top of page

A lung-collapsing machine..., oh my!

The Publishing Journey

Three hundred plus edits--that's how many items I reviewed after my publisher sent me my novel after round one of edits. Most were minor, such as not indenting the first line of a chapter (that was 41 of the 300+). Commas? Okay, either grammar rules have changed or I didn't learn the correct usage. Accept. Accept. Accept. Then I read one comment from the editor: "this feels like a stark shift in time." Back through the manuscript and my spreadsheet I went, documenting the chapters, dates, and page numbers, to make sure that I had the timeline straight. I added language to make it clearer to the reader. With all edits resolved, it's now back in the hands of the publisher. Reading the novel from start to finish (yet again) has me excited to see it in the hands of readers in January 2024!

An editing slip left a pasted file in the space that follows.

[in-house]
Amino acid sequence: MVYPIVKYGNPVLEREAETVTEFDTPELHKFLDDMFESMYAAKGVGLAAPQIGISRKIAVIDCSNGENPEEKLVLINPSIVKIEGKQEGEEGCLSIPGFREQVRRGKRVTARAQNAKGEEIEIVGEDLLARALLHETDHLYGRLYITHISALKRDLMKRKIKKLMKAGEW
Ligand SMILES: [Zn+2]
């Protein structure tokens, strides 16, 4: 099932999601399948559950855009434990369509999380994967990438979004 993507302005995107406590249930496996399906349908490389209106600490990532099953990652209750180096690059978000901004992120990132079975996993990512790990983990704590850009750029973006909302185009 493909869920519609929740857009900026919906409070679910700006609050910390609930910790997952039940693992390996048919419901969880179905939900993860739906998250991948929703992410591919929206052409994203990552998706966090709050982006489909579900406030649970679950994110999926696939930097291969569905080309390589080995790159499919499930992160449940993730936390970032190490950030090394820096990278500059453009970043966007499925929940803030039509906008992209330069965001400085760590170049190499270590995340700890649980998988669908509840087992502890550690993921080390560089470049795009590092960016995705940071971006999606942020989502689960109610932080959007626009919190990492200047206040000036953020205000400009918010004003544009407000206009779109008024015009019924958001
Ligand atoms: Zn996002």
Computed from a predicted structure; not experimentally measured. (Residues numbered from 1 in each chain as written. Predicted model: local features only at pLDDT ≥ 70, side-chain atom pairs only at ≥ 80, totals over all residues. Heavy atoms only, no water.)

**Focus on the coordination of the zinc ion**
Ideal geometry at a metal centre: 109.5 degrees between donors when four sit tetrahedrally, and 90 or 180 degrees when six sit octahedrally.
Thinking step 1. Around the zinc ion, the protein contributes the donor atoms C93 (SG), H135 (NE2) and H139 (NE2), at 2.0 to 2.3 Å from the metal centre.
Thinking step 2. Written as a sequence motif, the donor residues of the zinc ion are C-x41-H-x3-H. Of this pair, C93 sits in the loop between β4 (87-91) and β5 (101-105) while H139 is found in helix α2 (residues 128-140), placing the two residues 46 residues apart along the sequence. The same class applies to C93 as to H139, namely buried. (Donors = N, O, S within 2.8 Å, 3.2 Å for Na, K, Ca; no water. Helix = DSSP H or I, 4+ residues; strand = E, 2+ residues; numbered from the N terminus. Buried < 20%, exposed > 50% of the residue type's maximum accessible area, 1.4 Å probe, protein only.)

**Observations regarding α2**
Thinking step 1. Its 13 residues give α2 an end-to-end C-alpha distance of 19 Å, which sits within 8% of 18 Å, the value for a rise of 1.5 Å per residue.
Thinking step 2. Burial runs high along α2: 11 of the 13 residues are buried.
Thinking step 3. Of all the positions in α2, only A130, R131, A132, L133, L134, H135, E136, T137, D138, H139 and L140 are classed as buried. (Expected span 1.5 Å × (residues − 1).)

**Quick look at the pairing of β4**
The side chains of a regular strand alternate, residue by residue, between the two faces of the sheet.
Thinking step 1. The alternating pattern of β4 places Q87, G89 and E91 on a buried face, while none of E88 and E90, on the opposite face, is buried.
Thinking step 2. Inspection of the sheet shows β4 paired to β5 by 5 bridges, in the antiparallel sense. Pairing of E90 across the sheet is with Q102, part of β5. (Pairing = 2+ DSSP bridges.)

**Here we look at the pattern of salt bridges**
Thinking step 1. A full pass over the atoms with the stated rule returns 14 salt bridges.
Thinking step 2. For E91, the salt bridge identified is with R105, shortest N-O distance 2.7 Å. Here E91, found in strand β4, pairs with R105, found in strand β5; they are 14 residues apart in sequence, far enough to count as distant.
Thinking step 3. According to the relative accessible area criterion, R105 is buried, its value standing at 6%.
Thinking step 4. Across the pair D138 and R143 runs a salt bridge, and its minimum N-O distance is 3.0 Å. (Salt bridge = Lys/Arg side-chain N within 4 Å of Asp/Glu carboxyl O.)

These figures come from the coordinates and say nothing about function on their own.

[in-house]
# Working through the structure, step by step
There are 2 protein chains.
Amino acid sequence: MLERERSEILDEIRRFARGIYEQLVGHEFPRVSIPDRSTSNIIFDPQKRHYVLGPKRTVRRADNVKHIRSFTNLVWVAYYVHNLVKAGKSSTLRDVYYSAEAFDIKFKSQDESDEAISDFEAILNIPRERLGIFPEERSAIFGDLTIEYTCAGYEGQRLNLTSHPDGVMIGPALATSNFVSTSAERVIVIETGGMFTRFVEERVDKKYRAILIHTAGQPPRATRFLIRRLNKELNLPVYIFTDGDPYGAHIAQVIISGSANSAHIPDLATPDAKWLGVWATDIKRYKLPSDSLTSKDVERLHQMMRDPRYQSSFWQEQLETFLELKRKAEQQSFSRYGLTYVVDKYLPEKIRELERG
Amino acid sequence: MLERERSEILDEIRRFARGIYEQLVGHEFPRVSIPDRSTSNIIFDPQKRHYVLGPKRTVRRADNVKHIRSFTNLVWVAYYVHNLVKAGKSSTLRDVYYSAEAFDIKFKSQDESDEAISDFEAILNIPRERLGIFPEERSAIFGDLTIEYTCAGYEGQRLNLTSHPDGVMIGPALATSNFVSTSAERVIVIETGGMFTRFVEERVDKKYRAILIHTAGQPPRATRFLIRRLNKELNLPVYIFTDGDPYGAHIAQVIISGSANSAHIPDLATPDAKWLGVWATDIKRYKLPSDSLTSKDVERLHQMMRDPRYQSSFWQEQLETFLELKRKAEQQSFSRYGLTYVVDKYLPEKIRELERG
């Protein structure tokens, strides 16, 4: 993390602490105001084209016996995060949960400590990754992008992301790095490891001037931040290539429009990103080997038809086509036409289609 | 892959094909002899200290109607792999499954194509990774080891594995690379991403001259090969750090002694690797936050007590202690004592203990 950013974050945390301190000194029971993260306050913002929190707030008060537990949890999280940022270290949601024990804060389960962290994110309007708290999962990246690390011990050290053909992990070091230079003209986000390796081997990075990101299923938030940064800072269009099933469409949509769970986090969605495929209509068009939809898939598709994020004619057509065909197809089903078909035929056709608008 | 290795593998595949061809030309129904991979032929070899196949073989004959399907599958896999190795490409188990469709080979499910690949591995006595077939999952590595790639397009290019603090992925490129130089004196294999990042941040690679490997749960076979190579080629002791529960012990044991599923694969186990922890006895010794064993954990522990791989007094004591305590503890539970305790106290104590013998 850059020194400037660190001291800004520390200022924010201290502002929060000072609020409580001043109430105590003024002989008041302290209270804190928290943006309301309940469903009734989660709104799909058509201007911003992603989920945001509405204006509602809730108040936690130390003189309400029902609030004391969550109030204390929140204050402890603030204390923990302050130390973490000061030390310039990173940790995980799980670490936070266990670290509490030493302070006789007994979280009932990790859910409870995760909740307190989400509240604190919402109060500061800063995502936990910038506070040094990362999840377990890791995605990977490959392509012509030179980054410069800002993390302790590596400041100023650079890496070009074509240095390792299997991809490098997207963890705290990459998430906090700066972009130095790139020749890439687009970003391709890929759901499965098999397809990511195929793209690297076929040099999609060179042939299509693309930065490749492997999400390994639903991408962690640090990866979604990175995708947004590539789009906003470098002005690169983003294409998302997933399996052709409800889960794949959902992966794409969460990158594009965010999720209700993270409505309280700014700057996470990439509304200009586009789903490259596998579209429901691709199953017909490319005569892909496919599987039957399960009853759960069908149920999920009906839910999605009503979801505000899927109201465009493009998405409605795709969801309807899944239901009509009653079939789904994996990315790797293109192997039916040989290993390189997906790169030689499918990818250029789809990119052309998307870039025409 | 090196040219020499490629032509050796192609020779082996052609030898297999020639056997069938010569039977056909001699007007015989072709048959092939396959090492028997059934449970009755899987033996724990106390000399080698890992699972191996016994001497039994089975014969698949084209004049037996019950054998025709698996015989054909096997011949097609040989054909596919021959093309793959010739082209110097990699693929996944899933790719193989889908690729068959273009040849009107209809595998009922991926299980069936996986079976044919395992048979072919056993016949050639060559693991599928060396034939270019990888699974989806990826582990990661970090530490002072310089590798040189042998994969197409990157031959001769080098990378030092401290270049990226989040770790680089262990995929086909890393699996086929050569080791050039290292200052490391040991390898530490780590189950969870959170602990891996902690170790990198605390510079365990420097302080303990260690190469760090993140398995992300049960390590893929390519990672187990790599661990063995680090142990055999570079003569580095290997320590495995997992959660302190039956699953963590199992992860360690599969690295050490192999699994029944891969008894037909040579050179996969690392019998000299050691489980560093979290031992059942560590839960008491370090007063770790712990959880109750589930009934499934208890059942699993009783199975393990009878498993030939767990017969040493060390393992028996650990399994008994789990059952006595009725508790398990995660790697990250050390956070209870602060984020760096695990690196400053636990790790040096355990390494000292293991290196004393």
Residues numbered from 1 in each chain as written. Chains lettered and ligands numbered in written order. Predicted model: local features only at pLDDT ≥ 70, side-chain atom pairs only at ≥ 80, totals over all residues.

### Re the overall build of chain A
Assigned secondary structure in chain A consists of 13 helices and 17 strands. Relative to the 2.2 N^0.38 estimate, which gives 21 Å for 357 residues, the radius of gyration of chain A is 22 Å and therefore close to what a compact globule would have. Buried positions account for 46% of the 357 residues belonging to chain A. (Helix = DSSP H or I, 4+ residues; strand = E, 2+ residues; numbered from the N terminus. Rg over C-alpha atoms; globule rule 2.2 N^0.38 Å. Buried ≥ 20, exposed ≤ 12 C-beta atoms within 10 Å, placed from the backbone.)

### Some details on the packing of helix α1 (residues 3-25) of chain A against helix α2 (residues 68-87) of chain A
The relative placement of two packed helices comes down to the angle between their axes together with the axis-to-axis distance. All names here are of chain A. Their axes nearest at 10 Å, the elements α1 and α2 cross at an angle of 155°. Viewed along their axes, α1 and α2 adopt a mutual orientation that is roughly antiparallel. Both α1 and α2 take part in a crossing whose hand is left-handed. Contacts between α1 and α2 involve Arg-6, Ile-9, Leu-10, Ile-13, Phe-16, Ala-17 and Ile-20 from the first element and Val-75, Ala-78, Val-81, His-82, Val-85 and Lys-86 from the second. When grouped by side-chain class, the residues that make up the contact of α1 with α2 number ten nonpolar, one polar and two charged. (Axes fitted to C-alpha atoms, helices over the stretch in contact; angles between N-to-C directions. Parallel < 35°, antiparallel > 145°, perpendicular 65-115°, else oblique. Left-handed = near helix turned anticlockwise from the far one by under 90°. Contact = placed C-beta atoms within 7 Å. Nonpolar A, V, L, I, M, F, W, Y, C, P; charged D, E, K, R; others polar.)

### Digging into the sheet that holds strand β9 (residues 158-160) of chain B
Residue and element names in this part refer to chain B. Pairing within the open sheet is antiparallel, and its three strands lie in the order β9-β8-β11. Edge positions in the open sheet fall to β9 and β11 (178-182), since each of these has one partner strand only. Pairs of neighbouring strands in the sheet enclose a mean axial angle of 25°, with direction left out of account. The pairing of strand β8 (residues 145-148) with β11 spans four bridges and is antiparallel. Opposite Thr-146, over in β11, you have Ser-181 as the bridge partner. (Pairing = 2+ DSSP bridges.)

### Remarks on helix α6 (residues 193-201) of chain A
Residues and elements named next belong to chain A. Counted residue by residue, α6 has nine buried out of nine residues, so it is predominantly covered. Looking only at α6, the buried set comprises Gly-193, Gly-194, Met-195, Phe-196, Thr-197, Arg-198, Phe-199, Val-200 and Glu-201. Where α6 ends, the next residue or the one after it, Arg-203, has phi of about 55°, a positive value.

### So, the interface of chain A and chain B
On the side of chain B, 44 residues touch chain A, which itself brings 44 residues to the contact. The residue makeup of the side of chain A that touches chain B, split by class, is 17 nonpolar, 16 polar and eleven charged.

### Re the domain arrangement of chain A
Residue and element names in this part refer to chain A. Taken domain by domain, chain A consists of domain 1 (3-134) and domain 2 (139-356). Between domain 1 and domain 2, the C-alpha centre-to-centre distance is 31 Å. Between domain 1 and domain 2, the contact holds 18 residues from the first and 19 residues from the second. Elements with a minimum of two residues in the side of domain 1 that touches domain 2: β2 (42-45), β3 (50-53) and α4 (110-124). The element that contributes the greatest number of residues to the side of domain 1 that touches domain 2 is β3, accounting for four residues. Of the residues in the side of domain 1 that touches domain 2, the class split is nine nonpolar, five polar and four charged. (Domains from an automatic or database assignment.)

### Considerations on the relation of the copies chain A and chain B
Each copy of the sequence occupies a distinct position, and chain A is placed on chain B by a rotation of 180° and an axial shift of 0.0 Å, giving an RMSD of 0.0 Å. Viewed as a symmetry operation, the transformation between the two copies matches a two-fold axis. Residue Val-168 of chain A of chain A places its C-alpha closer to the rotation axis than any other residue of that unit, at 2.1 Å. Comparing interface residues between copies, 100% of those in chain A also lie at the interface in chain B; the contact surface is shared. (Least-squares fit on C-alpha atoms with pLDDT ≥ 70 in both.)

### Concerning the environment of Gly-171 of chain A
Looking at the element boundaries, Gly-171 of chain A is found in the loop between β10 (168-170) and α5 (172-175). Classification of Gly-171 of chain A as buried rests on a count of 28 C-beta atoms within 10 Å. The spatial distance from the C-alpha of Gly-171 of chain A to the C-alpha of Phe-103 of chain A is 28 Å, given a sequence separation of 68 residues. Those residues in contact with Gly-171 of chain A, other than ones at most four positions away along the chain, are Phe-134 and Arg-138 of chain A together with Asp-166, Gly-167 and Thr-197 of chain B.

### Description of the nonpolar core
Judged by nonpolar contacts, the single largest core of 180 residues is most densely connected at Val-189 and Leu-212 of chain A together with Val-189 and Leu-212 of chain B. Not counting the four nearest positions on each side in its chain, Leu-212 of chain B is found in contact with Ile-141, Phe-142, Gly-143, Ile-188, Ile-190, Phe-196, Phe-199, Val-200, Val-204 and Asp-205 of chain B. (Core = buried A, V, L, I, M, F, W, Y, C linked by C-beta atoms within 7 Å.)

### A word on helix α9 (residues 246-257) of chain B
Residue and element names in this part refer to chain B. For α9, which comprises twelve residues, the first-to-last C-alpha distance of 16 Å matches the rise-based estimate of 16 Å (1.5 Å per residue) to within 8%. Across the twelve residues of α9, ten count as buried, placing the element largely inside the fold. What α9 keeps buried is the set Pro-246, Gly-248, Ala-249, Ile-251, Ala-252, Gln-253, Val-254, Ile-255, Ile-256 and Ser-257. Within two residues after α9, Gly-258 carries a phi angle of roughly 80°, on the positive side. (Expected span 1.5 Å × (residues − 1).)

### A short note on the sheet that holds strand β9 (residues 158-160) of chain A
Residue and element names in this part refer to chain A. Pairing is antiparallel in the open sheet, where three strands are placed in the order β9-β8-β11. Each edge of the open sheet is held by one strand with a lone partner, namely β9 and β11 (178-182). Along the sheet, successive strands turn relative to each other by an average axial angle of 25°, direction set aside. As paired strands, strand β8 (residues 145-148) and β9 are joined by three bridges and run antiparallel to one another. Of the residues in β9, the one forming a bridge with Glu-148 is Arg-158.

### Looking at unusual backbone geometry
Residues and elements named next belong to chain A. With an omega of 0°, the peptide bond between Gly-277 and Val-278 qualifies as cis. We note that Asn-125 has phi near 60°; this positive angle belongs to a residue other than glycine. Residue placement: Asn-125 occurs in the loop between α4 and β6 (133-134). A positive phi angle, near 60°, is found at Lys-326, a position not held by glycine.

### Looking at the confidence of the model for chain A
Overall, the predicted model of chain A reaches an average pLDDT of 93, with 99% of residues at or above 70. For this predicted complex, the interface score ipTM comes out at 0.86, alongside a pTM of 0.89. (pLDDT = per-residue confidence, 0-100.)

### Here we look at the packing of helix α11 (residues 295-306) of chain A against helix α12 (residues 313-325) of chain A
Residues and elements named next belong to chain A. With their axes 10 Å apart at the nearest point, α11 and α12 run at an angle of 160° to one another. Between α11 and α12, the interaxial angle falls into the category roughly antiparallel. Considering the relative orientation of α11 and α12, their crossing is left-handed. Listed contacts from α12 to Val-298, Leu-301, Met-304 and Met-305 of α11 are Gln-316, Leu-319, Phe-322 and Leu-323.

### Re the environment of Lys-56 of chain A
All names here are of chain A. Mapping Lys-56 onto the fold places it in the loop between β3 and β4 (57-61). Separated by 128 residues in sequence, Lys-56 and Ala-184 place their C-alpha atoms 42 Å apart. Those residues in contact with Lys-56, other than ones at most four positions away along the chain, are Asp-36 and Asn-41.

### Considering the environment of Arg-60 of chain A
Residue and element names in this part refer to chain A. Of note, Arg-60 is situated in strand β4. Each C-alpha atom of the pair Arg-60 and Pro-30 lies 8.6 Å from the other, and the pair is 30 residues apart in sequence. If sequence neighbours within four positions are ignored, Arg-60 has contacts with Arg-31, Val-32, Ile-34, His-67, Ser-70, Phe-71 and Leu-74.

The Novel

Asheville is a character in my novel. With the Civil War a not-so-distant memory, the mountain city longed to leave its past behind and become a face of the New South. Newspaper editor Henry W. Grady coined the term and it was commonly used post-Reconstruction through the early 20th century to advertise the South as open for business. The New South ideology and movement sought to redefine the South as no longer reliant on slavery; reconciled with the Union; and proponents of white supremacy.

Asheville steamed ahead toward its new future when the railroad arrived in 1880. Tourists followed. Many of those tourists suffered from tuberculosis, the leading cause of death in the 19th century. They came for the curative mountain air and to get the latest medical treatment at one of the many sanatoriums that had sprung up in western North Carolina. Have a look below at this medical device on exhibit at the Smith-McDowell House in Asheville -- and thank your lucky stars that medicine has come a long way!

3 views0 comments


bottom of page